Picture it: you’re at the airport, looking at the departures board and strangely, there’s five flights heading to the same destination at exactly the same time. Coincidence? Not really. It’s most probably part of the wonderful and carefully crafted world of codeshares.
Codeshare is a phrase used by airlines to describe a level of behind-the-scenes interaction that is designed to make complex international journeys a bit easier.
Literally, it refers to an airline putting its “code” on another carrier’s flight. For instance, Qantas’ code is QF and Emirates’ code is EK. So when you’re looking at the departures board and QF435 from Sydney to Melbourne also flashes up as EK5435, that’s a Qantas flight with an Emirates codeshare. (Most codeshares are four digits.)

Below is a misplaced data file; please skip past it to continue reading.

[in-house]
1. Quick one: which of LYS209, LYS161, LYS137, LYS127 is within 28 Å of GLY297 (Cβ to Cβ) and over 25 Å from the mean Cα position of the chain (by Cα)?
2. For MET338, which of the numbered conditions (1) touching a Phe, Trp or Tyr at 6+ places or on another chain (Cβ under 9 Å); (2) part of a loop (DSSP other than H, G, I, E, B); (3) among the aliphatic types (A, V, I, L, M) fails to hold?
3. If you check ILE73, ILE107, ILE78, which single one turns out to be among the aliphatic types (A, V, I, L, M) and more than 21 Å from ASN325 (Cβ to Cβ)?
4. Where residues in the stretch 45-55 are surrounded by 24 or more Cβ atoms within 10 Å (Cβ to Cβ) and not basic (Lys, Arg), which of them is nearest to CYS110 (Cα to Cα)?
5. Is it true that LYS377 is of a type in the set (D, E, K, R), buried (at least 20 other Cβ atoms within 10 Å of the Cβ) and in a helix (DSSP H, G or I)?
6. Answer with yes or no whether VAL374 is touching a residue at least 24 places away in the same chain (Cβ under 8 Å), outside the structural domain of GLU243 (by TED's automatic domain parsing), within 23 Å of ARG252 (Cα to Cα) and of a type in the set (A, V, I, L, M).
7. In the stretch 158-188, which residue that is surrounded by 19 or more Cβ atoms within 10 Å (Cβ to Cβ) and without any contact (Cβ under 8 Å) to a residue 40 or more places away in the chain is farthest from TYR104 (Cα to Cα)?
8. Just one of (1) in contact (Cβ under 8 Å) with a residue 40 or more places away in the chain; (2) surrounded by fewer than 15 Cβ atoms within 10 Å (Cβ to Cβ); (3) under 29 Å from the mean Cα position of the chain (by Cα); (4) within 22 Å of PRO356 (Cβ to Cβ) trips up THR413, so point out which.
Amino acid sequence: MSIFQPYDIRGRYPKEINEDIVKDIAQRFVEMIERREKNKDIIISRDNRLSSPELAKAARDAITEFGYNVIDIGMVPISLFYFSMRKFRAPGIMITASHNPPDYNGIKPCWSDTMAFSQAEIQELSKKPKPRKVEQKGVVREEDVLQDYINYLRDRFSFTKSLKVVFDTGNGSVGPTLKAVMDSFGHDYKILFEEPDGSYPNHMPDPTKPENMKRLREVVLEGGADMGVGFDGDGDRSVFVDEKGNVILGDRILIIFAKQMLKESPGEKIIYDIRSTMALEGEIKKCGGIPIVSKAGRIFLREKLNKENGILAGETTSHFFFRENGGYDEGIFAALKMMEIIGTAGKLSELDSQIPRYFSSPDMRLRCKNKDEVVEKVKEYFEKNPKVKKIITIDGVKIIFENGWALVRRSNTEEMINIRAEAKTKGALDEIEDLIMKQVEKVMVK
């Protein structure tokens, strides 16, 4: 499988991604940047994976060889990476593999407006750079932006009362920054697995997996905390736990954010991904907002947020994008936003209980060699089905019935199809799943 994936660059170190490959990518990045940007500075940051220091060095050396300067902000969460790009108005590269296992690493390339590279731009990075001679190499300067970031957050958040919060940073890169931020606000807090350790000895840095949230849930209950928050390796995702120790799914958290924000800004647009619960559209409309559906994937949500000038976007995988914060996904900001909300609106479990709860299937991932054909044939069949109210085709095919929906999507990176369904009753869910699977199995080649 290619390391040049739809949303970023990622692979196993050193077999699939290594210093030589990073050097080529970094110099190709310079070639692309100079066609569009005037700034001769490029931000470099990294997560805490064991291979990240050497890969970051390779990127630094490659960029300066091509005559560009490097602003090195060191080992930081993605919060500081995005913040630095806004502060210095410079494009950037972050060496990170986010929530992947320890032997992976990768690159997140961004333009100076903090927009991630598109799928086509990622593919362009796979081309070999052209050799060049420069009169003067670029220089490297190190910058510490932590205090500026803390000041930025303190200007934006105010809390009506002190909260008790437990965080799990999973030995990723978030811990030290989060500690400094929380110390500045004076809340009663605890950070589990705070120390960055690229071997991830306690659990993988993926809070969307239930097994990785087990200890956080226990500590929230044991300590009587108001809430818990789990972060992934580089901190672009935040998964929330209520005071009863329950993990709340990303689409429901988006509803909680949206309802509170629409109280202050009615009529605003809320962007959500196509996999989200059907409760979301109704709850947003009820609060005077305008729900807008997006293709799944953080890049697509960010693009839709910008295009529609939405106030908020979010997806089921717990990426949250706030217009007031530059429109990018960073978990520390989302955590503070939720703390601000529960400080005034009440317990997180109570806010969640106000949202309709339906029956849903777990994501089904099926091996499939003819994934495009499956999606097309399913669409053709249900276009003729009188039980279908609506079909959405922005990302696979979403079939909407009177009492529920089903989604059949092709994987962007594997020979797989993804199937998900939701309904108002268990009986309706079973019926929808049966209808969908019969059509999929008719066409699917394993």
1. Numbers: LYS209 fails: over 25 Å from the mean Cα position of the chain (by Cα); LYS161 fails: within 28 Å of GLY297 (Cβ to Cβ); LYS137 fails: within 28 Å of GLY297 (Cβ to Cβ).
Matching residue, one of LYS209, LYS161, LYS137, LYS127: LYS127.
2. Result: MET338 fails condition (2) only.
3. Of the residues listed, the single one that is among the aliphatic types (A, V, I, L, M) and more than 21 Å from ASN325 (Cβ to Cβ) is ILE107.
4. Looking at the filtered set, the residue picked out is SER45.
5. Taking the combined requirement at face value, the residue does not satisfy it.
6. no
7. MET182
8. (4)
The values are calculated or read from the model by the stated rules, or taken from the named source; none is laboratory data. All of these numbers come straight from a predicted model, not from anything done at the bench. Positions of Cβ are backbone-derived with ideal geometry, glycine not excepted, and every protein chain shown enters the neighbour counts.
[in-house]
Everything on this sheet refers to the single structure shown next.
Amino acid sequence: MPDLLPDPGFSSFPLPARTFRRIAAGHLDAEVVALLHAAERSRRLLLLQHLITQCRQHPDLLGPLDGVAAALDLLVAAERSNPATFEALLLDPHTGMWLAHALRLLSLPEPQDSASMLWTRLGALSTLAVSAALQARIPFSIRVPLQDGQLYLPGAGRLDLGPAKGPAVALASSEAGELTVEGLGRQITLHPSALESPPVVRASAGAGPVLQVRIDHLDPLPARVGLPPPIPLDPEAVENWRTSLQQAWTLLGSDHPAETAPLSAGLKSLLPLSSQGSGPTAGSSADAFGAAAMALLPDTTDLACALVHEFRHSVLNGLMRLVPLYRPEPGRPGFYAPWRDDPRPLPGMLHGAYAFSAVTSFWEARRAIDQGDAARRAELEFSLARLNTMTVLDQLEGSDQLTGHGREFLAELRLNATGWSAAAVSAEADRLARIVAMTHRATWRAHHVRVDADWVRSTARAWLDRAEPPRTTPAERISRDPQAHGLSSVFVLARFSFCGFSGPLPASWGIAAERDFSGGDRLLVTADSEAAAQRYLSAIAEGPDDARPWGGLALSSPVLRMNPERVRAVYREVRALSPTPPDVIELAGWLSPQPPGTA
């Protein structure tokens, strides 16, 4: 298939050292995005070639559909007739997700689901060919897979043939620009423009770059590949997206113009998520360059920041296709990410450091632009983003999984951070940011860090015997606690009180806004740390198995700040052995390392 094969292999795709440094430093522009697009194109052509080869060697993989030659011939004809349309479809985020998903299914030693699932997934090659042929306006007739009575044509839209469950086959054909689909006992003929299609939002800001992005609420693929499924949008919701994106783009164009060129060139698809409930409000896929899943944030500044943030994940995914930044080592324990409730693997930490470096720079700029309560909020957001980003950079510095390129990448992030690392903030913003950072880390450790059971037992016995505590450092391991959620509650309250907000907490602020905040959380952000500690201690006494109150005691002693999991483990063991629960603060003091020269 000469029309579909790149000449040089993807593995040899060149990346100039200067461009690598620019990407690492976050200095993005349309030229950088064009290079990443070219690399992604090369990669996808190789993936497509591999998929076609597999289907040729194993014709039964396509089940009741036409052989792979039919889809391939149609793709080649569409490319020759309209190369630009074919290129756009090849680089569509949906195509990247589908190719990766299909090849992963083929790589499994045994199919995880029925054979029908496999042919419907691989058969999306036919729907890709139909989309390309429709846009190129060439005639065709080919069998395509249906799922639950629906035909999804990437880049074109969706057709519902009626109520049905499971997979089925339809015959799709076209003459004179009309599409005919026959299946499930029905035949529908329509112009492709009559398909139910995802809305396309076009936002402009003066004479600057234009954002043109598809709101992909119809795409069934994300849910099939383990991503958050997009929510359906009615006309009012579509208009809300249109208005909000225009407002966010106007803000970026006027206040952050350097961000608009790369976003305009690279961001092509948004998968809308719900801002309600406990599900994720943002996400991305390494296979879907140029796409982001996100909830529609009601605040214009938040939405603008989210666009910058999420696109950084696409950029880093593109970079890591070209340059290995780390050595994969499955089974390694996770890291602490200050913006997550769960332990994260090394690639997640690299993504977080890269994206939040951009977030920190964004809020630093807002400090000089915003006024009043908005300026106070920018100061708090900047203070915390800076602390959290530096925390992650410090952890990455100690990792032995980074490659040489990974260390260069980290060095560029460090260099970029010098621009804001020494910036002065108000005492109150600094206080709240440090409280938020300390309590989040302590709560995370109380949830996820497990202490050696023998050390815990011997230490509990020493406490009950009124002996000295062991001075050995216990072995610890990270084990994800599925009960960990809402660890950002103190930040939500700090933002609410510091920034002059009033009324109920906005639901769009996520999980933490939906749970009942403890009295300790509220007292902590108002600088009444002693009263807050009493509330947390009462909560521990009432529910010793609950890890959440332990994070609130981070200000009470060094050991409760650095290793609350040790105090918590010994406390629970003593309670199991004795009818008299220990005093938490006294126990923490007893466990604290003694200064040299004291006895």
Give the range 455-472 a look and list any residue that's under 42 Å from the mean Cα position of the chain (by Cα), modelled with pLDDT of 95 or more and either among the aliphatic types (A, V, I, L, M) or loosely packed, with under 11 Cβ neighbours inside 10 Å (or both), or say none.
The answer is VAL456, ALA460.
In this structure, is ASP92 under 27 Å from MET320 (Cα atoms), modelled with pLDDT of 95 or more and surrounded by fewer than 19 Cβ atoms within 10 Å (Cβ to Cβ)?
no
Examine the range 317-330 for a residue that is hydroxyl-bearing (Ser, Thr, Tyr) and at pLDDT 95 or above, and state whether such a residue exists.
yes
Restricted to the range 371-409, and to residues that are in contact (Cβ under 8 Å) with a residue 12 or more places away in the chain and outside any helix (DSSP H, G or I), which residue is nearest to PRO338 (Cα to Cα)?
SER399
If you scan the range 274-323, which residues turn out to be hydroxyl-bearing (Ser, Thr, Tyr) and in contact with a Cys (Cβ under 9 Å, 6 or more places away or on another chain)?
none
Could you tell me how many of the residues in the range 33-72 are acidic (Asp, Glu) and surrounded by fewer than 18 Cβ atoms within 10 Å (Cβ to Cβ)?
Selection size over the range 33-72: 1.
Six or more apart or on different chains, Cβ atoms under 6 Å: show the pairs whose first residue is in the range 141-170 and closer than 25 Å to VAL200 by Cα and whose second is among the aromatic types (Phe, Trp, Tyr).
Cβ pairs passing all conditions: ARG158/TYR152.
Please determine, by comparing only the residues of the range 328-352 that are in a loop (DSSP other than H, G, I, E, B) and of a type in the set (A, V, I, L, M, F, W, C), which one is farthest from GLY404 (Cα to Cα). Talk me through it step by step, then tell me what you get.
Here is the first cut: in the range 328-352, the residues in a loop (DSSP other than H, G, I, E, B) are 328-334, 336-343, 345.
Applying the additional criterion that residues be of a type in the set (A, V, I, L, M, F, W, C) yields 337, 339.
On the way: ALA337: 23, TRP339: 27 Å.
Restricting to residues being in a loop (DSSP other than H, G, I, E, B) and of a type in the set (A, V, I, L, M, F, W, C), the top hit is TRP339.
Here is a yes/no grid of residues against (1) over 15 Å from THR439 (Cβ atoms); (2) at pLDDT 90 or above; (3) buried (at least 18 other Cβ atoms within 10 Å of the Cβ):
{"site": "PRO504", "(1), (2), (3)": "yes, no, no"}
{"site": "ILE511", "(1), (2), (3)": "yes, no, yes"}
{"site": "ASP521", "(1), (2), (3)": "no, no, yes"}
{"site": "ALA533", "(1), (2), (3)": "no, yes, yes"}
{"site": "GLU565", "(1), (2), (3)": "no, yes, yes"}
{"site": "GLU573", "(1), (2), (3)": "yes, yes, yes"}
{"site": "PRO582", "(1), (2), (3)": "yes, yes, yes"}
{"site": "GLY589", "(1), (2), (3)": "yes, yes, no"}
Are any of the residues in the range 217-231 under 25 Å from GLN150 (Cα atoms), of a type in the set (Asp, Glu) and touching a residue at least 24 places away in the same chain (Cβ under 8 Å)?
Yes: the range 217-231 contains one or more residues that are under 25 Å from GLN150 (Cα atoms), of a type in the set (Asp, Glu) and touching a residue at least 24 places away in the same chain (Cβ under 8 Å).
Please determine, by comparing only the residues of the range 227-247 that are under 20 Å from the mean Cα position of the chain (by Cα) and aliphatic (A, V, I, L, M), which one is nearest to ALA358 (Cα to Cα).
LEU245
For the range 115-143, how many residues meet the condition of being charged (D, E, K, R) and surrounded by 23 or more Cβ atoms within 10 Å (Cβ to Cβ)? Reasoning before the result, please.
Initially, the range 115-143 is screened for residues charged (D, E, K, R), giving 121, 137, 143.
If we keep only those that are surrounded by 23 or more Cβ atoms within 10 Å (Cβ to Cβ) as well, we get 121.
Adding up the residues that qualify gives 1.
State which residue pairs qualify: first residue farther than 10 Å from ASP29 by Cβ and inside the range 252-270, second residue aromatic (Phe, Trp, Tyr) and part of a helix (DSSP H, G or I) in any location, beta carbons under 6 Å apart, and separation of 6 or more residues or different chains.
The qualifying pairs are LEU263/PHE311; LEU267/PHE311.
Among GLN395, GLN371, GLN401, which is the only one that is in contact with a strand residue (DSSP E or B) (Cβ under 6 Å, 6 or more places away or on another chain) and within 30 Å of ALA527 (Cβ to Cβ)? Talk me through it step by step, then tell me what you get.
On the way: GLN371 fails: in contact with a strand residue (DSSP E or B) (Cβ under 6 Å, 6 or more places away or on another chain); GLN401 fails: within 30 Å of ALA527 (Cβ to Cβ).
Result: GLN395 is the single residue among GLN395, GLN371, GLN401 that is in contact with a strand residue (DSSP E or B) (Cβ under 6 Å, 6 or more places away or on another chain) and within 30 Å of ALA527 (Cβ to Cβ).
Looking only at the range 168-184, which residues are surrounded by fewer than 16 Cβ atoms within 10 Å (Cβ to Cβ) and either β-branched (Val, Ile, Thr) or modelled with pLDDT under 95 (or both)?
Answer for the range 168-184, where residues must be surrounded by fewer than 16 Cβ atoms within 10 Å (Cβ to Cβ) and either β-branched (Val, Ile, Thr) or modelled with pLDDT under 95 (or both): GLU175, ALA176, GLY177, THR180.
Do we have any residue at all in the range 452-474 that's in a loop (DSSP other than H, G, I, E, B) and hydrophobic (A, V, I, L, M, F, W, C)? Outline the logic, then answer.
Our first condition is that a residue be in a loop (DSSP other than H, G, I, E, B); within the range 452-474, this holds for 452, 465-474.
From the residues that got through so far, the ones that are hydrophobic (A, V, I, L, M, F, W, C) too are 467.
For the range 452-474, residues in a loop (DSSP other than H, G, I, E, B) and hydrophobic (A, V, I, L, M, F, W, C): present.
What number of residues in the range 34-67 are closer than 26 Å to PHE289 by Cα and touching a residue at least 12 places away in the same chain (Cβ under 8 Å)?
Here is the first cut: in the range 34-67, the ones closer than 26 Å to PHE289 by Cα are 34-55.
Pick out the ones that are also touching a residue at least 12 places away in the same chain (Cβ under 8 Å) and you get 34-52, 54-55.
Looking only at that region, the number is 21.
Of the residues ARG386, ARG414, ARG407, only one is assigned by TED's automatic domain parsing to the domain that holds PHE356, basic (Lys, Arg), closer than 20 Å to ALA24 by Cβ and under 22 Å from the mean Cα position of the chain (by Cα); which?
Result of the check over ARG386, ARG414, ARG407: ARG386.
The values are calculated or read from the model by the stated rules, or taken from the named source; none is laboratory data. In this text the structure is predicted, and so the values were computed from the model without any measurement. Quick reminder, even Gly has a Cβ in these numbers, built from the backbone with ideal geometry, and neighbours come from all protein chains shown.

In practical terms for passengers, it means:
- Your bags will be checked through to your final destination, rather than having to collect them in the middle and check-in again for your next flight (mostly, there are some exceptions for security and/or customs reasons)
- You earn maximum frequent flyer points as if you were on a Qantas flight despite the fact you’re flying on a different airline (e.g. China Eastern rather than Qantas)
- You can access the other airline’s lounge in a far flung port in the same way you’d use a Qantas lounge here in Australia (if you’re eligible for lounge access).
There is a lot of work behind the scenes that make all of this possible. And there is often a commission attached to the revenue generated by the marketing carrier.
Essentially, codeshare is how airlines can offer travellers a much wider list of destinations than they actually fly to themselves. And it means rather than you having to make several different bookings with various airlines to get somewhere, you can have a single booking and itinerary with one airline.
Qantas’ codeshare agreements mean our customers can fly to more than 250 destinations globally, complementing the 81 Qantas destinations around Australia and overseas.
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